Measuring something so big and so very far away is never going to be an easy feat. However, astrophysicists over at Moscow State University may have just made it a little easier to estimate the mass of black holes even if they’re barely visible. Black holes are a great mystery to physicists, and many experiments have been conducted over the years that observe their interaction with surrounding matter. “If a black hole absorbs a substance, there is a so-called accretion.  Due to friction and heating, it causes radiation which allows us to indirectly see the object and say there is a black hole,” confirmed the leading researchers of the SAI MSU, Elena Seifina.

The Chandra/HRC (0.3-10 keV) image of the Swift J1644+57 field of a view (FOV) was observed on 2011 April 4 (MJD=55655) with the 15 ks exposure. Evolution of the Swift/XRT (0.3 – 10 keV) image is plotted in the incorporated vertical panels which clearly demonstrate the outburst decay phase of Swift J1644+57 / Elena Seyfina

During the research one outbreak that was observed in 2011 by several cosmic observatories is called Swift J1644 + 57. “The BAT tool at the Swift satellite was aimed at it and saw that two days later the splash became even brighter. The whole outburst was observed for two years, and then it went out,” explained Seifina. At first, they thought it was just another gamma-ray burst (GRB), but then realized they were actually observing a supermassive black hole devouring a star in a process called tidal destruction.  During tidal destruction, the substance doesn’t immediately fall into the hole. Instead, it forms a temporary accretion disk. This accretion disk is what glows so brightly and can be seen from down here on Earth.

Up until now the only way to measure the mass of a black hole at the center of these accretion disks was to estimate the disk’s maximum luminosity. Seifina mentioned this in her thesis and how she observed similar known flares and discovered how the X-ray spectrum tilt changed during this period of increased luminosity. Assuming the shapes of the spectra of similar flares are similar then the processes within them will be too.  This means that the normalization of the spectra is determined then only by distances to other objects and their mass.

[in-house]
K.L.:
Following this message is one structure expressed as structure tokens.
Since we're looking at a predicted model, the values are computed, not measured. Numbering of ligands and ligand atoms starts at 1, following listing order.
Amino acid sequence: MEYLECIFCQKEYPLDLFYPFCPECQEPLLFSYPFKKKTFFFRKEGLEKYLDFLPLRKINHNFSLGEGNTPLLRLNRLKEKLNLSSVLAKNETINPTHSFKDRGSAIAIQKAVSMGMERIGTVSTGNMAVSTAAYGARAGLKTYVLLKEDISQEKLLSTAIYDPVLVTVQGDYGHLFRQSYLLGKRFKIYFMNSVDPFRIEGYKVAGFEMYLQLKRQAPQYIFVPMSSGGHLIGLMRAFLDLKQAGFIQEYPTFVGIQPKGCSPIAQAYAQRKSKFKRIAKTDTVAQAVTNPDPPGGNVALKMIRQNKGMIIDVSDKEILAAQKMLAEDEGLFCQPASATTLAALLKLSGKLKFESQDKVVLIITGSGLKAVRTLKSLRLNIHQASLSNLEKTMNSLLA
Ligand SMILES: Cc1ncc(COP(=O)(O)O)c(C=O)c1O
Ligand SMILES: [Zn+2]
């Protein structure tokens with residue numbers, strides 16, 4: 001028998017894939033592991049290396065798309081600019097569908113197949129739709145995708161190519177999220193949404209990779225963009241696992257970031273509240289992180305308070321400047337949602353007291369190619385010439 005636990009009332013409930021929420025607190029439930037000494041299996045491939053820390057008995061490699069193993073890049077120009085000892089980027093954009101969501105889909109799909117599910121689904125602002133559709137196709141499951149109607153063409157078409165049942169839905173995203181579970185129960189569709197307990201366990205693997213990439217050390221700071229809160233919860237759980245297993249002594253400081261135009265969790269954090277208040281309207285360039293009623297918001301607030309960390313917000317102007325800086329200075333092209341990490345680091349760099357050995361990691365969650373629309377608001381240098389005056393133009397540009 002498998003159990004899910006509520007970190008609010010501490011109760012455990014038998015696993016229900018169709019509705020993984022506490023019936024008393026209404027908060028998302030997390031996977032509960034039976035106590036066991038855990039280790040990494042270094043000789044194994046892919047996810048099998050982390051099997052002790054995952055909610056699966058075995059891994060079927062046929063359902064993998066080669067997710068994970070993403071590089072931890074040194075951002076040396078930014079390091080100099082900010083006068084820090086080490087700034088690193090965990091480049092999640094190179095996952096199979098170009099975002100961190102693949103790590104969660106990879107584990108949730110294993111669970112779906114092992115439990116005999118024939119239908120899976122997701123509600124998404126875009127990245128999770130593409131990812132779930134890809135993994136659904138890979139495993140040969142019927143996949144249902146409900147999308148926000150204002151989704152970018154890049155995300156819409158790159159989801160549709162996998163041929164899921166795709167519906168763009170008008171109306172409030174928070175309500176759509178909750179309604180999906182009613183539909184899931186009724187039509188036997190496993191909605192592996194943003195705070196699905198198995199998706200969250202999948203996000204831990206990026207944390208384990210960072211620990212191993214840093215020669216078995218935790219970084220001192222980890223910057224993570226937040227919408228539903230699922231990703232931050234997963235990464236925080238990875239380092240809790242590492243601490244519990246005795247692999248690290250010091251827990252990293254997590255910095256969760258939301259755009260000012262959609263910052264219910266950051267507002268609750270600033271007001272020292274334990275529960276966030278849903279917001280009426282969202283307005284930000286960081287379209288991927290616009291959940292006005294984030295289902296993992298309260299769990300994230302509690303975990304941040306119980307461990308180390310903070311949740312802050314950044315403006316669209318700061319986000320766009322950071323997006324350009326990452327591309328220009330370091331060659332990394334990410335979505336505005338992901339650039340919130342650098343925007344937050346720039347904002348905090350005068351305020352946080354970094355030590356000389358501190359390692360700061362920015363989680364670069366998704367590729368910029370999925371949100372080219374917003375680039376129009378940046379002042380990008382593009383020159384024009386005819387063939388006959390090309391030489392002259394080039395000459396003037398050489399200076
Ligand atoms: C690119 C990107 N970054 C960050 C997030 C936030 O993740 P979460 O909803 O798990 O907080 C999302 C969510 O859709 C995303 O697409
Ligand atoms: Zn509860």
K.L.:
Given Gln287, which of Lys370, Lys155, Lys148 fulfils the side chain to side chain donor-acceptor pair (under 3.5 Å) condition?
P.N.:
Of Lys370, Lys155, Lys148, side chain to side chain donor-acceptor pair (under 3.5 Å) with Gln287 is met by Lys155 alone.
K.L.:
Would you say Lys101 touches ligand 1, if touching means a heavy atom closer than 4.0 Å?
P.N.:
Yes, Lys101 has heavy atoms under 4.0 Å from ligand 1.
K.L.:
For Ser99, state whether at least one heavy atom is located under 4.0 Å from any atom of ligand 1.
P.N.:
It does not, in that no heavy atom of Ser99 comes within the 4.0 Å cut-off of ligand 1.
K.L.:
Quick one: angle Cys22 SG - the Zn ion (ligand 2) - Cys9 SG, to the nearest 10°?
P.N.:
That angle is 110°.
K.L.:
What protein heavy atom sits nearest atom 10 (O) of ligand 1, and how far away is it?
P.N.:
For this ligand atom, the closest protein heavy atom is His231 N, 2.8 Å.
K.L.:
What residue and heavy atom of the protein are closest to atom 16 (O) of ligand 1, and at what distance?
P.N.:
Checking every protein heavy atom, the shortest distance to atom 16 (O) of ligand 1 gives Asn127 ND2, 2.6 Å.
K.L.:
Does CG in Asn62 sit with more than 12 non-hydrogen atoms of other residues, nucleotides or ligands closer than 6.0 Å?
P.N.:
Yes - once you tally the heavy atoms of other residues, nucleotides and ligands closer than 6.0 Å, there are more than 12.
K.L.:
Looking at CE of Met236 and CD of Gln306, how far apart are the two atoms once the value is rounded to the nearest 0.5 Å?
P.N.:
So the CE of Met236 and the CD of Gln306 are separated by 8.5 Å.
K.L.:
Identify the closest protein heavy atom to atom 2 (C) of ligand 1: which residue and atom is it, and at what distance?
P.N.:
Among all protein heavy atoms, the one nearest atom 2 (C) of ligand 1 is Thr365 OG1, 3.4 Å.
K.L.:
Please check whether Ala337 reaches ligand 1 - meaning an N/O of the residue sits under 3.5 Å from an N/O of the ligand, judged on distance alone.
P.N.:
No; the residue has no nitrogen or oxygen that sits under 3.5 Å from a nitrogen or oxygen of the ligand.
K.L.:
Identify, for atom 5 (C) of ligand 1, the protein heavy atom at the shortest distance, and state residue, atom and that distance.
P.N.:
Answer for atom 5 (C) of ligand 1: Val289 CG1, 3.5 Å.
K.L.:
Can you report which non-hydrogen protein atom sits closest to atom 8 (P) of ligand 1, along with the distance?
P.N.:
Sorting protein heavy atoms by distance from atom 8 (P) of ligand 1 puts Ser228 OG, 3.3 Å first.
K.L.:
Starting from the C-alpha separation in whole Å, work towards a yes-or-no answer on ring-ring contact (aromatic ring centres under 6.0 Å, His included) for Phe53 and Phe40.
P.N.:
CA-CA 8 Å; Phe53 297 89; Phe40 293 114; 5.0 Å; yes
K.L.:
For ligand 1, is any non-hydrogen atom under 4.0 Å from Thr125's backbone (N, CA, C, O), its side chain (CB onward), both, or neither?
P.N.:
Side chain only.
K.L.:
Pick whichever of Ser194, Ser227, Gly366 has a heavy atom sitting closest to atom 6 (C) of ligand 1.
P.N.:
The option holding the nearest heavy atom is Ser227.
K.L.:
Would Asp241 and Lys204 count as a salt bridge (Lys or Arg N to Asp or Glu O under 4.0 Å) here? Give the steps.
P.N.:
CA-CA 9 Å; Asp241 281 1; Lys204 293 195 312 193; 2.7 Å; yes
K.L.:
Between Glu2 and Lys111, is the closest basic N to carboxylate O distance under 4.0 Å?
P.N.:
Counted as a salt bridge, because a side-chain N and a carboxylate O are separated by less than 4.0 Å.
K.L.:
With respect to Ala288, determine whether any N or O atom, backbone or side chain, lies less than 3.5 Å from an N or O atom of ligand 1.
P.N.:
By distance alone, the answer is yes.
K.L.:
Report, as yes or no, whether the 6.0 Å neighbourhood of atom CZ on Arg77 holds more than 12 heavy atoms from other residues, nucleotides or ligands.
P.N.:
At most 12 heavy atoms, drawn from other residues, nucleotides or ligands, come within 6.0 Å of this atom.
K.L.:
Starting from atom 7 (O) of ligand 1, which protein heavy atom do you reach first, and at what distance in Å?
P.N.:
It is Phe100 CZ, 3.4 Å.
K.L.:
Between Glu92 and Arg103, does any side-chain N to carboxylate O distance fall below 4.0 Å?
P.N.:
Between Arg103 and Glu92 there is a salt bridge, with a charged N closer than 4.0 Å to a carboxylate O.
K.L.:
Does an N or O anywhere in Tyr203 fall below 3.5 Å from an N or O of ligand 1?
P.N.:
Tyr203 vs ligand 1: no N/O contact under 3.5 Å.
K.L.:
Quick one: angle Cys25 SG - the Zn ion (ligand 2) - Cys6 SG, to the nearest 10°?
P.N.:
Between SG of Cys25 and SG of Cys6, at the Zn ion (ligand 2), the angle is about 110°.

Detecting these similarities between the tracks of these known objects and those made in new flares, the scientists suggested they could also be caused by stars that have been torn by black holes.  This gave scientists a new method of being able to weigh black holes.  And, using this method, the scientists are able to use data on known galactic objects such as Cygnus X-1, with its central black hole. “Calculations showed that Swift J1644 + 57 contained a supermassive black hole with a mass of 7×106 solar masses. This is really an object that we do not see, but which provided high luminosity due to its strong gravitational field and an accretion disk around it,” confirmed Seifina. Moving forward, the team are hoping the new method can be used to assess the mass of various objects, including the cores of Seyfert galaxies and others.

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